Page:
The GeeksverseLeaving Proof 71 | Further notes on “Avatar: The Last Airbender” and a quick look at “Blue Estate” #9

Leaving Proof 71 | Further notes on “Avatar: The Last Airbender” and a quick look at “Blue Estate” #9
Published on Thursday, February 9, 2012 by

As you may have been able to tell from last week’s review of Dark Horse Books’ Avatar: The Last Airbender–The Promise, Part One, I’m a bit of a fan of the show that it spun off from. One of my favourite aspects of Avatar: The Last Airbender is how it excelled at synthesizing traditional Eastern thought, contemporary Western sensibilities, subtle socio-political commentary, and Chinese literature, all while being consistently entertaining.

There are the obvious Asian (and more generally, Eastern) influences—most evident in the character and setting designs and the stylized martial arts sequences modeled after real forms—but one feature of Konietzko and DiMartino’s show that seems to get overlooked in popular discussion (and even in the DVD box set mini-documentaries) is how much its primary cast design borrows from the 16th century Chinese novel Journey to the West. Let’s examine these similarities in detail.

Aang, the series’ main protagonist and the eponymous Avatar, is modeled after Sun Wukong, the Monkey King, with some of his personality and motivational elements derived from the monk character of Xuanzang. Like the Monkey King, he joins the story after being freed from a most unusual imprisonment (the Monkey King was buried under a mountain by the Buddha for 500 years, Aang was trapped in an iceberg for 100 years). Aang is outfitted in yellow and orange garments similar to how the Monkey King has been frequently depicted in classical illustrations (in Buddhism, yellow is a symbol of “The Middle Path” while orange represents of the virtue of wisdom). Aang’s abilities as an airbender mirrors Sun Wukong’s powers: The former uses his control of the air and wind to jump superhuman distances and glide and he occasionally travels on a rolling “ball” of air while the latter is able to leap across oceans and frequently travels on a flying cloud. Both use a staff as their primary weapon.

Katara is the cast’s primary equivalent to Xuanzang, and this is reflected in the subplot of Katara’s search for the Waterbending Scroll, which correlates to Xuanzang’s search for the Sānzàngjīng (Tripiṭaka in Sanskrit) scroll containing the Buddhist sūtras (although a less literal parallel for this story element can also be seen in Aang’s quest to learn control of his Avatar powers and in Prince Zuko’s attempts to regain his honour and the approval of his father).

Sokka is Avatar: The Last Airbender‘s stand-in for Journey to the West‘s human/pig hybrid Zhu Bajie. Both ostensibly serve as the “comic relief” and are generally portrayed as simple-minded buffoons who are nonetheless eminently skilled in physical combat. Like Katara, the connection between Sokka and his counterpart in Journey to the West is made indelibly clear in a running subplot: In the show’s first season, Sokka is involved in a tragic romance with the Northern Water Tribe princess Yue, who becomes the Moon Spirit after she dies. Those familiar with Journey to the West will immediately see the parallel with Zhu Bajie’s ill-fated relationship with the Goddess of the Moon.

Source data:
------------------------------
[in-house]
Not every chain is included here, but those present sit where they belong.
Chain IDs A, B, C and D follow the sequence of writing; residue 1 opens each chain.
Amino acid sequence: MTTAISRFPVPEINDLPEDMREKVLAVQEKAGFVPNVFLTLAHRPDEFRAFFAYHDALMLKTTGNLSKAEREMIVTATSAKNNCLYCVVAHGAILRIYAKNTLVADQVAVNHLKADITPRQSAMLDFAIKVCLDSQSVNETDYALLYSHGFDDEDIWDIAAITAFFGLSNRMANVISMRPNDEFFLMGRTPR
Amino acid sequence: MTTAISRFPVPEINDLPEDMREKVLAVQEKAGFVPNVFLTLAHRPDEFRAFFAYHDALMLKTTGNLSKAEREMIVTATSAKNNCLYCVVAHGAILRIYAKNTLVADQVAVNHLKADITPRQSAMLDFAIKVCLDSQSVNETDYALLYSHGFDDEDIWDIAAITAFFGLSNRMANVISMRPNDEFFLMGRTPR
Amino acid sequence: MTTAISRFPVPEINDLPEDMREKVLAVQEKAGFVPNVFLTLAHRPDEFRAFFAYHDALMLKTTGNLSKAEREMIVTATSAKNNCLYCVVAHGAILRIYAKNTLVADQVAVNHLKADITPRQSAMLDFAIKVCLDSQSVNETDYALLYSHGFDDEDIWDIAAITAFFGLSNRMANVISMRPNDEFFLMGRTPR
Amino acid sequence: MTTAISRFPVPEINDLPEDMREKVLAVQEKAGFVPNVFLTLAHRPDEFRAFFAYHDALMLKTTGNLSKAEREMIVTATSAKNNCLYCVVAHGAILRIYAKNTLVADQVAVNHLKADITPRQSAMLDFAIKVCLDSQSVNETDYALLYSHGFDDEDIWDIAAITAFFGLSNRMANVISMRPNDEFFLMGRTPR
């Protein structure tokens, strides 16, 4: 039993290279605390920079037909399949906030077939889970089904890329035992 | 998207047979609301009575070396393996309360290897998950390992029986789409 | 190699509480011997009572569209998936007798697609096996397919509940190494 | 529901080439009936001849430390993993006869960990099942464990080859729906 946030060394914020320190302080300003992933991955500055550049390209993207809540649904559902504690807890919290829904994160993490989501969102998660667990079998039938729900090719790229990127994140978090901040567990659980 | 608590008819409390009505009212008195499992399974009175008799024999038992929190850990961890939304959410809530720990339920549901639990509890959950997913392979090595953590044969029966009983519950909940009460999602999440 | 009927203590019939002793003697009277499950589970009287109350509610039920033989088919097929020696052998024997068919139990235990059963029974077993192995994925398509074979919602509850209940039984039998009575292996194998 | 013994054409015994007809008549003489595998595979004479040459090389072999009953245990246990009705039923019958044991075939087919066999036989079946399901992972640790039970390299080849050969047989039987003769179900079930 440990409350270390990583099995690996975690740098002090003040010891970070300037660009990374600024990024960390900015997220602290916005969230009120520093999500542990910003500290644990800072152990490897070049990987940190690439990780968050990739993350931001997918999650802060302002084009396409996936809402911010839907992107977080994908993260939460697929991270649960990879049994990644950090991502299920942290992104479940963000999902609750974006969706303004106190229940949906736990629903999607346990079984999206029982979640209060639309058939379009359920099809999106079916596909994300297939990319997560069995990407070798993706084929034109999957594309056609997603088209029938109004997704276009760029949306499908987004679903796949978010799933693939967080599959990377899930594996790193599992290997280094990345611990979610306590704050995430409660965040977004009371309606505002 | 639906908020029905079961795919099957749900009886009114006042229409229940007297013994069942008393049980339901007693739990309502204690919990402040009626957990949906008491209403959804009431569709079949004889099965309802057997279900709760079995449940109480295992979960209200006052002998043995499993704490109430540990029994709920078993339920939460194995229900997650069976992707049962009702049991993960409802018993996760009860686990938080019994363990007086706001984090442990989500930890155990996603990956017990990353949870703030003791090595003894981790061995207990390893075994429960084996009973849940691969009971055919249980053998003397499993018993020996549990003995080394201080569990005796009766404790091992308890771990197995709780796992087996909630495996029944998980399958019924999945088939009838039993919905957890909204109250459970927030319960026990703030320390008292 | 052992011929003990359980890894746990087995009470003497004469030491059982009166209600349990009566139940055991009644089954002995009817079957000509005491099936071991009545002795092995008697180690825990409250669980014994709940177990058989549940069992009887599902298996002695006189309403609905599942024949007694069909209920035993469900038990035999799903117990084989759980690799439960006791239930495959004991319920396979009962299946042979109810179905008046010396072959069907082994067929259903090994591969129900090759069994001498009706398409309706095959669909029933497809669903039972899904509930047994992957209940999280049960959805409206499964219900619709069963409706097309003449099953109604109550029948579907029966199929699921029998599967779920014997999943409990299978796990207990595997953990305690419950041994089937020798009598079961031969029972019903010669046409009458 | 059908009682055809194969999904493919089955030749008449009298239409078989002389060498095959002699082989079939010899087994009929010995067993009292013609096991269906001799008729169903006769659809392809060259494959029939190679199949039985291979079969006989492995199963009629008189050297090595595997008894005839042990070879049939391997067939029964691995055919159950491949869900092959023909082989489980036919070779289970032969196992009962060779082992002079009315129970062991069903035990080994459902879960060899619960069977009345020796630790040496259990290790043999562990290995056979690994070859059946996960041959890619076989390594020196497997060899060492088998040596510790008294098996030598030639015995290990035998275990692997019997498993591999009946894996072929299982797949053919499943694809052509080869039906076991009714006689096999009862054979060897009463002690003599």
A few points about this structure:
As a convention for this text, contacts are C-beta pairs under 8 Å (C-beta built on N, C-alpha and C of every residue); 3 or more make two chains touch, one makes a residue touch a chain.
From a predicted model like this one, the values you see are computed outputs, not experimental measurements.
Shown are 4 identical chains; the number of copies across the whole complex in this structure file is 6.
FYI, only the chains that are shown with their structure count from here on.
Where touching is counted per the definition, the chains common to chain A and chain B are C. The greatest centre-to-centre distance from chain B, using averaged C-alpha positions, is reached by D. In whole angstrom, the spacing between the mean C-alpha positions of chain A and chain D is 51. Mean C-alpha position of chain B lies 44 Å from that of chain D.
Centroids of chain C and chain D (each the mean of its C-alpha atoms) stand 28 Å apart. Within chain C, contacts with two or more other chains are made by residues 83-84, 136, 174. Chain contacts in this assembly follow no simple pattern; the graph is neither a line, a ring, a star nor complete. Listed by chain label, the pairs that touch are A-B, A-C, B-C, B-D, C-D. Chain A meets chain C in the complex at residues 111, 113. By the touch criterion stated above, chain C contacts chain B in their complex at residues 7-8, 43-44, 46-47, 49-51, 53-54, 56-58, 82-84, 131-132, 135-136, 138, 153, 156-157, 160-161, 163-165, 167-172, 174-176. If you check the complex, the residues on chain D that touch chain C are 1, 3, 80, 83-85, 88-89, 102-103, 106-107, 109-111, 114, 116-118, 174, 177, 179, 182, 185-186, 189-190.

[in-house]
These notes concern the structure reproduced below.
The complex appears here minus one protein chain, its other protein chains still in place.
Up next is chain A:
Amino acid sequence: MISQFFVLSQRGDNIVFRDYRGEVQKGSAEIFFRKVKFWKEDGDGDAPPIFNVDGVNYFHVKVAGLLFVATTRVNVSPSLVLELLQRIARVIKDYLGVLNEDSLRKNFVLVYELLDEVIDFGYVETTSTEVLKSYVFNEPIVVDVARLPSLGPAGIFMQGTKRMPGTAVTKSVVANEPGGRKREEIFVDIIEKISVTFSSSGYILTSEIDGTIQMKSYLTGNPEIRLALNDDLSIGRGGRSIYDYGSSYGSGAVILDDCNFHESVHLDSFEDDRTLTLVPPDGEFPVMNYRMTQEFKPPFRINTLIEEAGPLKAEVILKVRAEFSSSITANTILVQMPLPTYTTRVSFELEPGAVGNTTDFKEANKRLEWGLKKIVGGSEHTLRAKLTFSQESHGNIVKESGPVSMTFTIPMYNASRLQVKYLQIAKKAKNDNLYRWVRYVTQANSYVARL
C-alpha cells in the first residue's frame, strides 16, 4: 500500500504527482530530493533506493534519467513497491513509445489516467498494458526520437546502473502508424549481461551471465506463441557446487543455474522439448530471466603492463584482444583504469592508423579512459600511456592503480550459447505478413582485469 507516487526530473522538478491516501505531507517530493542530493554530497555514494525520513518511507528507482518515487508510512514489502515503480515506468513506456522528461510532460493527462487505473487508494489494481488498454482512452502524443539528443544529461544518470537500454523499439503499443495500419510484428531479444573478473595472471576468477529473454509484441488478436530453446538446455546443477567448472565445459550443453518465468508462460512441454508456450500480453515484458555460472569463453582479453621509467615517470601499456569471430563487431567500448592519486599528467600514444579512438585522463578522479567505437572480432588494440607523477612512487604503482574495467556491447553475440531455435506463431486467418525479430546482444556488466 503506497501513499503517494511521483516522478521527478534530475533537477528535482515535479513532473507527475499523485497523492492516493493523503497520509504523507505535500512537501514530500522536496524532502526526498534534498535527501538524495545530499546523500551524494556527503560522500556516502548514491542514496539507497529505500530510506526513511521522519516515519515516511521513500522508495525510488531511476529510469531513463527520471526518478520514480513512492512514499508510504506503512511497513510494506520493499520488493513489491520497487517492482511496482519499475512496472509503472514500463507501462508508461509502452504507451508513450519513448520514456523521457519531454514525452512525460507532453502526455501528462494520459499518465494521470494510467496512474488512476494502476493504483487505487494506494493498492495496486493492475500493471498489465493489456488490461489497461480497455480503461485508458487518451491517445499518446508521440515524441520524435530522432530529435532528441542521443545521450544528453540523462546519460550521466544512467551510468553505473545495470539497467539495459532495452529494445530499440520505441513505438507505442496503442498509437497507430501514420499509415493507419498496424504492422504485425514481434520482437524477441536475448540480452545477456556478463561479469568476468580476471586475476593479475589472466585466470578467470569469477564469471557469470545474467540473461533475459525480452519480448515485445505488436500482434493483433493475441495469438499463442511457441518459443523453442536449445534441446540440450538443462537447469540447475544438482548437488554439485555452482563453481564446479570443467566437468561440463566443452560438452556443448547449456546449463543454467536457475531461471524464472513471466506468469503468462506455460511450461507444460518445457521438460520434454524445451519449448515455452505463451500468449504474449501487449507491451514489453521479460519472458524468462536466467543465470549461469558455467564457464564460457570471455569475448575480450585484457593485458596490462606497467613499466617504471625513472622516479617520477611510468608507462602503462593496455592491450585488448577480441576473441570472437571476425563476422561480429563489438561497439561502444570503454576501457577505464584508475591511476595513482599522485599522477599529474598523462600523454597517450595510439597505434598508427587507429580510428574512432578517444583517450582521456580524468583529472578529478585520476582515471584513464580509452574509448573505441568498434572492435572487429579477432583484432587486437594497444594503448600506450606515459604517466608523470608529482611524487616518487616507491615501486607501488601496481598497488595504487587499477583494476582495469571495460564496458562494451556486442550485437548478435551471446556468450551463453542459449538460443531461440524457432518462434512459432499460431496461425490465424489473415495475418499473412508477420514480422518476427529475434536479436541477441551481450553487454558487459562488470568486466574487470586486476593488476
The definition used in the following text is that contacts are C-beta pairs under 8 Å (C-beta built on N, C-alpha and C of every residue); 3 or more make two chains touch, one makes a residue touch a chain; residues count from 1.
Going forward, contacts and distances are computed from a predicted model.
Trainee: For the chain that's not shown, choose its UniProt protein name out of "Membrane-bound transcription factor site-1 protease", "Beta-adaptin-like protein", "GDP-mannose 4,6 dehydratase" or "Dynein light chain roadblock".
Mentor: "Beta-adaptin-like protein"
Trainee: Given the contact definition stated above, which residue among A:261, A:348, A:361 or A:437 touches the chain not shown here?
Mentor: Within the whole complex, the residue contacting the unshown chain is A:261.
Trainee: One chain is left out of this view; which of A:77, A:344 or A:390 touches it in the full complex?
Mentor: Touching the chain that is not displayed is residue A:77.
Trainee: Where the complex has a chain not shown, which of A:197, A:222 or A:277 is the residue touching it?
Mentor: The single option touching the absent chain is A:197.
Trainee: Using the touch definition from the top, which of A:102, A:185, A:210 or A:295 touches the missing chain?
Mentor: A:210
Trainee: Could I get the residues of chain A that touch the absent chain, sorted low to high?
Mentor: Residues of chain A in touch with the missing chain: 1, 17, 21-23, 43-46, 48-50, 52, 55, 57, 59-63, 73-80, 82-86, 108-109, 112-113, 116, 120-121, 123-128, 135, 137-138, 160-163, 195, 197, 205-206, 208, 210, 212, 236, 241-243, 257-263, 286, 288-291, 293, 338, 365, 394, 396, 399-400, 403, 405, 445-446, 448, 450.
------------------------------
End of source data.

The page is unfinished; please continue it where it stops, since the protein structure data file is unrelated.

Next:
Toph Bei Fong seems to be the series’ counterpart to the novel’s Shā Wùjìng. Shā Wùjìng was a fearsome sand demon, which corresponds somewhat with Toph’s abilities as an earthbender and her fiery temper. I can’t think of other analogous features off the top of my head, but that’s probably due in part to the fact that it’s been a while since I read Journey to the West.

The show doesn’t simply re-tell Journey to the West, however. Instead, it uses the novel as a base upon which Konietzko and DiMartino build their own original narrative, one that is informed very much by contemporary Western fictive tropes. The series firmly espouses the point of view that—in the words of Hugo Award-winning science-fiction editor Ben Bova—”[t]here are no villains cackling and rubbing their hands in glee as they contemplate their evil deeds. There are only people with problems, struggling to solve them.” In place of the “ostensibly evil” villains, Avatar: The Last Airbender instead features antagonists: people whose goals and philosophies put them in direct opposition to Aang and his confederates but who nonetheless think they are acting in the service of a good cause. It is this psychological realism that lends a layer of complexity and maturity to the characterization and character interactions not often found in episodic fantasy/action-adventure animation made for American television.


Viktor Kalvachev and crew were kind enough to send along a preview copy of Image Comics’ Blue Estate #9 (“Survival Instinct”) earlier this week. Alas, it came too late for me to write and post a proper preview article for it (the issue went on sale today). Still, since Leaving Proof largely covers trade paperbacks, graphic novels, and one-shots, just think of the following images as a preview of the to-be-announced third trade paperback volume for the series



Blue Estate is a sexy, irreverent, and hilarious comic book, and the “mixtape” method applied to the visuals by the book’s artist collective is a refreshing approach to the craft of sequential art. Check it out (reviews of the first two collections can be found here and here).

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